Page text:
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The Crumpler Seven Million Dollar Home.
Street Price: USD$130 shipped
Ebay Average: USD$110 shipped
Available Colors: Black, Brown, Blue and Red.
I was really attracted to the design of the Crumpler bags which looked like messenger bags instead of the traditional gear bag. Crumplerís main selling point the appearance of their bags which reduces the chance of theft.
So I offloaded my aging Tamrac and went on to search for a replacement. In the end, I got myself the Crumpler 7 Million Dollar Home which was adequately large enough to house my Nikon 70-200mm AFS VR with my D100 and vertical grip attached. The slightly smaller option which was the Crumpler 6 Million Dollar Home didnít make the cut in terms of capacity although it is identical to the 7 Million Dollar Home in terms of design.
The 7 Million Dollar home comes with a whole set of Velcro dividers, which enables you to configure how you want your gear to be arranged. The possibilities are endless, really.
Bag fully loaded.
Front pocket for additional stuff.
The Space Between:
The main cavity of the bag is where all the good stuff goes in. The inner dimensions of the 7 Million Dollar home measures 38x28x18cm with a volume of 15 liters. This probably doesnít mean much to some people, so look at the images to get an idea of what can be done with this bag.
The Crumpler website states that you can fit a digital SLR with vertical grip w/ kit lens attached, about 3 lenses, external flash unit and additional odds and ends. I find this to be a pretty accurate description of the bagís capacity.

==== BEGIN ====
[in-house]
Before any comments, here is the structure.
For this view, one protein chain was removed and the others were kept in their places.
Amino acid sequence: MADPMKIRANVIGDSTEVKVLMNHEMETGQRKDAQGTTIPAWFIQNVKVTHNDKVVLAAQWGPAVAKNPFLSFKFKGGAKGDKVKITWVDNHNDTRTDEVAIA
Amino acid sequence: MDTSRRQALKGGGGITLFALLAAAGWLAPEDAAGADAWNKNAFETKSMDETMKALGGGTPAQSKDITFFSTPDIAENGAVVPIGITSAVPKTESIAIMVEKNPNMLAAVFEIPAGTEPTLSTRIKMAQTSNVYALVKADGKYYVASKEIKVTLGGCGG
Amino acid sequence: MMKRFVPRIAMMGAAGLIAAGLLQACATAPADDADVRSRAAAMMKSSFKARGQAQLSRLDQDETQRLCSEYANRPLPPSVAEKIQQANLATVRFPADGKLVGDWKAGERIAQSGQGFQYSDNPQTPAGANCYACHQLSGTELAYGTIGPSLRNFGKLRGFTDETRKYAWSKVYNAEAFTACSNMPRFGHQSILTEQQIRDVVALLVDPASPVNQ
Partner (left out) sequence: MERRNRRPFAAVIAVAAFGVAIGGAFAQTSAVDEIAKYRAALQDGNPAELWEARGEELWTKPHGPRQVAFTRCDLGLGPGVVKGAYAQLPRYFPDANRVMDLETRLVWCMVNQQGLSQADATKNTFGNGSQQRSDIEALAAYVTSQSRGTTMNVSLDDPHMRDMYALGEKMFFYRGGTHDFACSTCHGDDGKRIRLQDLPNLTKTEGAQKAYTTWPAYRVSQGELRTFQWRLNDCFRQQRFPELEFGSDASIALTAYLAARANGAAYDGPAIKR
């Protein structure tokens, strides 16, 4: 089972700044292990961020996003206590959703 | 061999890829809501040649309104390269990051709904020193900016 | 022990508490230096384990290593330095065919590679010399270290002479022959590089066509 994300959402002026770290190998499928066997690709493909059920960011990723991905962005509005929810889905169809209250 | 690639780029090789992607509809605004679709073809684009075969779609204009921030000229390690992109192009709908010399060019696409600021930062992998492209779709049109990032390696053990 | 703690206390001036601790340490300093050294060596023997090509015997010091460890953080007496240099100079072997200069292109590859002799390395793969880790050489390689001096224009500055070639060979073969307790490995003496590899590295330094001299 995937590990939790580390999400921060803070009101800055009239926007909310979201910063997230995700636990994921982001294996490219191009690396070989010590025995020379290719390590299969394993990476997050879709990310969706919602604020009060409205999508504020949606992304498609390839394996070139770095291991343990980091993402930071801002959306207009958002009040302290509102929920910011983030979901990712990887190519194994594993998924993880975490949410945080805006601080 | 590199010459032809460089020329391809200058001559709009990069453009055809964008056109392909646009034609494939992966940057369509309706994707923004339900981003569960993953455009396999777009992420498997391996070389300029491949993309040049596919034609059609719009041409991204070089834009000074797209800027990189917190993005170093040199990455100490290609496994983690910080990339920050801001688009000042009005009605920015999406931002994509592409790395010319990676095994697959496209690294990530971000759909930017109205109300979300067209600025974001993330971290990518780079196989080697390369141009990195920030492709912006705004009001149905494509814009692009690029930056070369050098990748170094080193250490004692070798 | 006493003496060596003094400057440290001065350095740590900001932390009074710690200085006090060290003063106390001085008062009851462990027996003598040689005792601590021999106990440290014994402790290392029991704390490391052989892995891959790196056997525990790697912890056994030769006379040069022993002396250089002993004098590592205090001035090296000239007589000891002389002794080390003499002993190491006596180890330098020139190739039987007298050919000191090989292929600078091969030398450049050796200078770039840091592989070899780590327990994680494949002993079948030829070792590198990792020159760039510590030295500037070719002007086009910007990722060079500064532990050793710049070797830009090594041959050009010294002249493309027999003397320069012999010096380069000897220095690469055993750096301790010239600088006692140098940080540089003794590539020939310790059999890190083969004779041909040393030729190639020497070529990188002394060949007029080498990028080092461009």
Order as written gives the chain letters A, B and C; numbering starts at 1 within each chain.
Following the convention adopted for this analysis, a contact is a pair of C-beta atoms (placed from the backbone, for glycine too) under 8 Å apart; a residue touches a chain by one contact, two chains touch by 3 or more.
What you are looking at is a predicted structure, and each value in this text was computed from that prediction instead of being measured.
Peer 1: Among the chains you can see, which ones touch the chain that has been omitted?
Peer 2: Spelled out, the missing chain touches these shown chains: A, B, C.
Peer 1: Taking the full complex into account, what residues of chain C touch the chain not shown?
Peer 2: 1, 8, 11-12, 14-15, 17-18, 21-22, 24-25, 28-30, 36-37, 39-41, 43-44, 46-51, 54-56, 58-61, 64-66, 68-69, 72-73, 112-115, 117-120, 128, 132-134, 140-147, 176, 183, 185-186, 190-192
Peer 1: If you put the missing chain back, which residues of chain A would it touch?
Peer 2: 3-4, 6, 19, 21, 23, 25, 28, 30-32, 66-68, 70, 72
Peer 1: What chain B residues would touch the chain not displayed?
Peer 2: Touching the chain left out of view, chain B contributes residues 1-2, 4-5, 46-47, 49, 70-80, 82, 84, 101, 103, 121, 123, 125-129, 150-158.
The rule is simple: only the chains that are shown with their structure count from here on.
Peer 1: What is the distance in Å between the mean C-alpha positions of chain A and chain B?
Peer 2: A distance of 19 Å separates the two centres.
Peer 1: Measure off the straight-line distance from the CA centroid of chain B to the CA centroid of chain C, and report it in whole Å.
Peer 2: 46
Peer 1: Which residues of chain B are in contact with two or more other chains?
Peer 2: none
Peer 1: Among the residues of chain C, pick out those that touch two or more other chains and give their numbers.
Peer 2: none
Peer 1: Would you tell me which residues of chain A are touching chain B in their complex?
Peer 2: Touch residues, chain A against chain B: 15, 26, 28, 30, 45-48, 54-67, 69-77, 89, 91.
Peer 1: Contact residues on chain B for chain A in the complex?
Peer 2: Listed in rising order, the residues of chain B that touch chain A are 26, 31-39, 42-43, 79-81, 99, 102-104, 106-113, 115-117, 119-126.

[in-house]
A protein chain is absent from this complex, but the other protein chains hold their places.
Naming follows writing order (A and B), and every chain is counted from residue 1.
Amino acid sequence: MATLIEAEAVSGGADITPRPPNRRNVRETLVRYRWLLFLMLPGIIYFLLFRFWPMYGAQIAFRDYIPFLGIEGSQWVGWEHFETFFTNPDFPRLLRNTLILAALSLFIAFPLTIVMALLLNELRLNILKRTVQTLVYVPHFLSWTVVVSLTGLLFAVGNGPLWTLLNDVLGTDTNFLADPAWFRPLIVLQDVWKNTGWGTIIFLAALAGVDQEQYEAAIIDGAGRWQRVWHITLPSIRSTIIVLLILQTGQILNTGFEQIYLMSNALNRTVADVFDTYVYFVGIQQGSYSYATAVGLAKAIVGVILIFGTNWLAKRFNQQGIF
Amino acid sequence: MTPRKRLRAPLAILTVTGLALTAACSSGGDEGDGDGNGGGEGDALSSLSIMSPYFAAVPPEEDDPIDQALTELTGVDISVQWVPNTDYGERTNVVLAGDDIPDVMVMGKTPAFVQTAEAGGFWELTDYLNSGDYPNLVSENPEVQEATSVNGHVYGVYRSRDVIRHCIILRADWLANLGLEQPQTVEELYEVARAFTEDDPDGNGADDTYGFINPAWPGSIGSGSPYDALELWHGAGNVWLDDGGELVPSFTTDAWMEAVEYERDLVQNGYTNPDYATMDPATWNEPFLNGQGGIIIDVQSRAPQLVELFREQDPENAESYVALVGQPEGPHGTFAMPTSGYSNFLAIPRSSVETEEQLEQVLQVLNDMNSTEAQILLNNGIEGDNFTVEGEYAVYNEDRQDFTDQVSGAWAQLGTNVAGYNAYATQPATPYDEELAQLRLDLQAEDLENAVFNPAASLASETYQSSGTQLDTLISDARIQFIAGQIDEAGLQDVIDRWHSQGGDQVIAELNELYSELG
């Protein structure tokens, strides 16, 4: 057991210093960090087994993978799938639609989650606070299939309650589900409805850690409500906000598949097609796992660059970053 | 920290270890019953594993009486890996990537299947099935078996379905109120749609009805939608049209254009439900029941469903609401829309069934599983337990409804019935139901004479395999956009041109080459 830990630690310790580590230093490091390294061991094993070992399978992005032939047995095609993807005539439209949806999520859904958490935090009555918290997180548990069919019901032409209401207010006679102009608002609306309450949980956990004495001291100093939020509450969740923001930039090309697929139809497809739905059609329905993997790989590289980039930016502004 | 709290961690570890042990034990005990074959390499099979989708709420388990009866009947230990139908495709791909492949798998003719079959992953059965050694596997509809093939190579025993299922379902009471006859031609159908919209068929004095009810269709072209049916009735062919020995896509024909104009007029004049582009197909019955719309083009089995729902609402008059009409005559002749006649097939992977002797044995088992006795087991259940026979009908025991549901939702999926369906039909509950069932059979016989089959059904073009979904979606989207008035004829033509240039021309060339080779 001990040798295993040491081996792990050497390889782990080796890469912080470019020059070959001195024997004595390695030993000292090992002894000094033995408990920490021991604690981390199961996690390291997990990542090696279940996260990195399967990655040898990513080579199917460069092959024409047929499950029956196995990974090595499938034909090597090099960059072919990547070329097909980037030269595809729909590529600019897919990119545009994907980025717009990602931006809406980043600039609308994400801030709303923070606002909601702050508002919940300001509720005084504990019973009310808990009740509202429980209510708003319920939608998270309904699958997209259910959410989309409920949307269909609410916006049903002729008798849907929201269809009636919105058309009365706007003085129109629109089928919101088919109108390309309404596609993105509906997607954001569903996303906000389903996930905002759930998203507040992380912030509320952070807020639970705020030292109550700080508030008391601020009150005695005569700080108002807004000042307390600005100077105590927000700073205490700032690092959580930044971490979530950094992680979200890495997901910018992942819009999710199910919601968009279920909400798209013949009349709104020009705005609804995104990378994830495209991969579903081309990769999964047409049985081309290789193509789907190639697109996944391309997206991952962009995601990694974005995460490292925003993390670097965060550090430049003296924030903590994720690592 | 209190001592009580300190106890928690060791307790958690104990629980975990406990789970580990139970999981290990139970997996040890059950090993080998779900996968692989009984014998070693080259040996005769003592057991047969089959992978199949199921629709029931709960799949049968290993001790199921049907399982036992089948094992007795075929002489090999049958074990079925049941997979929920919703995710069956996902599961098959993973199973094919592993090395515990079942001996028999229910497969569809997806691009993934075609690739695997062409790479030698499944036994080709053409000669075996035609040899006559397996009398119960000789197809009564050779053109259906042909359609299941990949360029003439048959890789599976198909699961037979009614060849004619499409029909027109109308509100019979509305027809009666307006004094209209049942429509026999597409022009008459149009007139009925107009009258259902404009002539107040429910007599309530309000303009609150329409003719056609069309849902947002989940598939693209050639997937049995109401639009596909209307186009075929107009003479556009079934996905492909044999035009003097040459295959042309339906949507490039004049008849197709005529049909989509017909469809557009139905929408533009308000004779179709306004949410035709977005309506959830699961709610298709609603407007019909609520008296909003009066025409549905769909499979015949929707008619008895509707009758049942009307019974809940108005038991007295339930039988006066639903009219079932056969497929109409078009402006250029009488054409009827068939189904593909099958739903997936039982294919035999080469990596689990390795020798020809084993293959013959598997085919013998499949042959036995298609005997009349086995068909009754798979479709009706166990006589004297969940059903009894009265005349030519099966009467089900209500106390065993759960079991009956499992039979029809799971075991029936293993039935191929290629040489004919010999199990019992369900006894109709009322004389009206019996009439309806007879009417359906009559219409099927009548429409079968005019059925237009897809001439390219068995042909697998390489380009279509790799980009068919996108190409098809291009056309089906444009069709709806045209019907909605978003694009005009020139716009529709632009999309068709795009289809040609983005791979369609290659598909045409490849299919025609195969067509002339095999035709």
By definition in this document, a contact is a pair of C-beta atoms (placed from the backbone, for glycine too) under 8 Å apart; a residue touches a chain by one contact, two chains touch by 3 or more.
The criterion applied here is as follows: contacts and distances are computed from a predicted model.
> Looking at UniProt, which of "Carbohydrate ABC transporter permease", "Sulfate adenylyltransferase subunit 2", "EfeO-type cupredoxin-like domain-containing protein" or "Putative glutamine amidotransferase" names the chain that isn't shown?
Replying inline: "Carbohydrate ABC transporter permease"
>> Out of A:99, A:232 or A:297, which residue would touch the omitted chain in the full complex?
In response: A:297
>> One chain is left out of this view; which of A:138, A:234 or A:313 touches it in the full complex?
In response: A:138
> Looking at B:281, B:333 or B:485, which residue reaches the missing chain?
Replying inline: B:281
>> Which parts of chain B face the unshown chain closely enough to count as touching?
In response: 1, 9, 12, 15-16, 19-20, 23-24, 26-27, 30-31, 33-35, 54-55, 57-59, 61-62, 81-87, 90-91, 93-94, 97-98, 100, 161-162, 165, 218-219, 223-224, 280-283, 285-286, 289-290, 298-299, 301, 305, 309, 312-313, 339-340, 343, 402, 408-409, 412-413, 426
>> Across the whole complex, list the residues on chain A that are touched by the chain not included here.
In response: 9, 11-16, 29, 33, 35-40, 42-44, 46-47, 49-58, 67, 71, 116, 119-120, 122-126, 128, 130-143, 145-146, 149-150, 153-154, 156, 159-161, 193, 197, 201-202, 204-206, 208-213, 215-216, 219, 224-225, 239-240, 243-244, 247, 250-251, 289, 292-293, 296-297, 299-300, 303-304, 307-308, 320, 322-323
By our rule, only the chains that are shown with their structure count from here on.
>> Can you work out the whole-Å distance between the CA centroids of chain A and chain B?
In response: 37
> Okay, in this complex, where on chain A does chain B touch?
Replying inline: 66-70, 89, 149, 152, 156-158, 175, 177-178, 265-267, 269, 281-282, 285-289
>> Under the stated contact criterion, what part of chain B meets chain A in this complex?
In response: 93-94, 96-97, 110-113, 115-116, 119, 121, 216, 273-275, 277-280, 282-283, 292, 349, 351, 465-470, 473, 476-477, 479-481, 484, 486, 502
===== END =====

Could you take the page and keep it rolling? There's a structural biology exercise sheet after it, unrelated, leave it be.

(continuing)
The top of the camera bag has a fishnet insert which can house some additional accessories like cable releases, memory cards or instruction manuals. Itís pretty large too.
The front part of the bag also has space to slot in slightly thicker objects, like (a Bible) a book or maybe a small bag of chips. Thereís also a fishnet zipper compartment in there to house smaller and flatter objects.
The carrying strap of the bag is wide and comfortable. Itís adjustable, so you can change the length of the strap. The strap comes with a sliding pad which makes the load a lot more bearable. Itís also helps keep the strap from sliding around too much.
The 70-200mm just fits nicely inside the main compartment.
Combo fits horizontally with room to spare.
I was however a little disappointed that my 70-200mm could only be loaded in vertically only if the camera body wasnít mounted (see pic). The same goes for my 300mm f/4 AFS which is about the same size.
When mounted on a F100 body as shown, the camera body sticks out of the bagís cavity. You can close the camera bag, and snap on the lock, but I would only recommend this arrangement as a short term solution as itís awkward and not very secure.
The other option would be to remove all the dividers and place the lens and body combination in a horizontal position (see pic). Youíll get some access space on the sides, but itís not large enough to fit another lens in. Maybe an additional flash unit. But youíre wasting a lot of space above the body. This may be a good solution if you only intend to bring the 70-200mm and F100 w/ grip.
The Crumpler 7 Million Dollar home is a pretty well built bag. Only time will tell whether the bag is up to the rigors of regular use, but it does look promising. Itís the biggest of the Million Dollar Home series but itís not awkwardly large. Slinging it over is comfortable and access to the main compartments are fairly easy.
But once again, the main selling point of this bag is that it doesnít scream ďCamera BagĒ which one, lowers the chances of you falling prey to a snatch thief, and two allows you to bring your stuff into places where cameras arenít allowedÖ..provided they donít search the contents of your bag of course.
I highly recommend it.
©Michael Ng 2005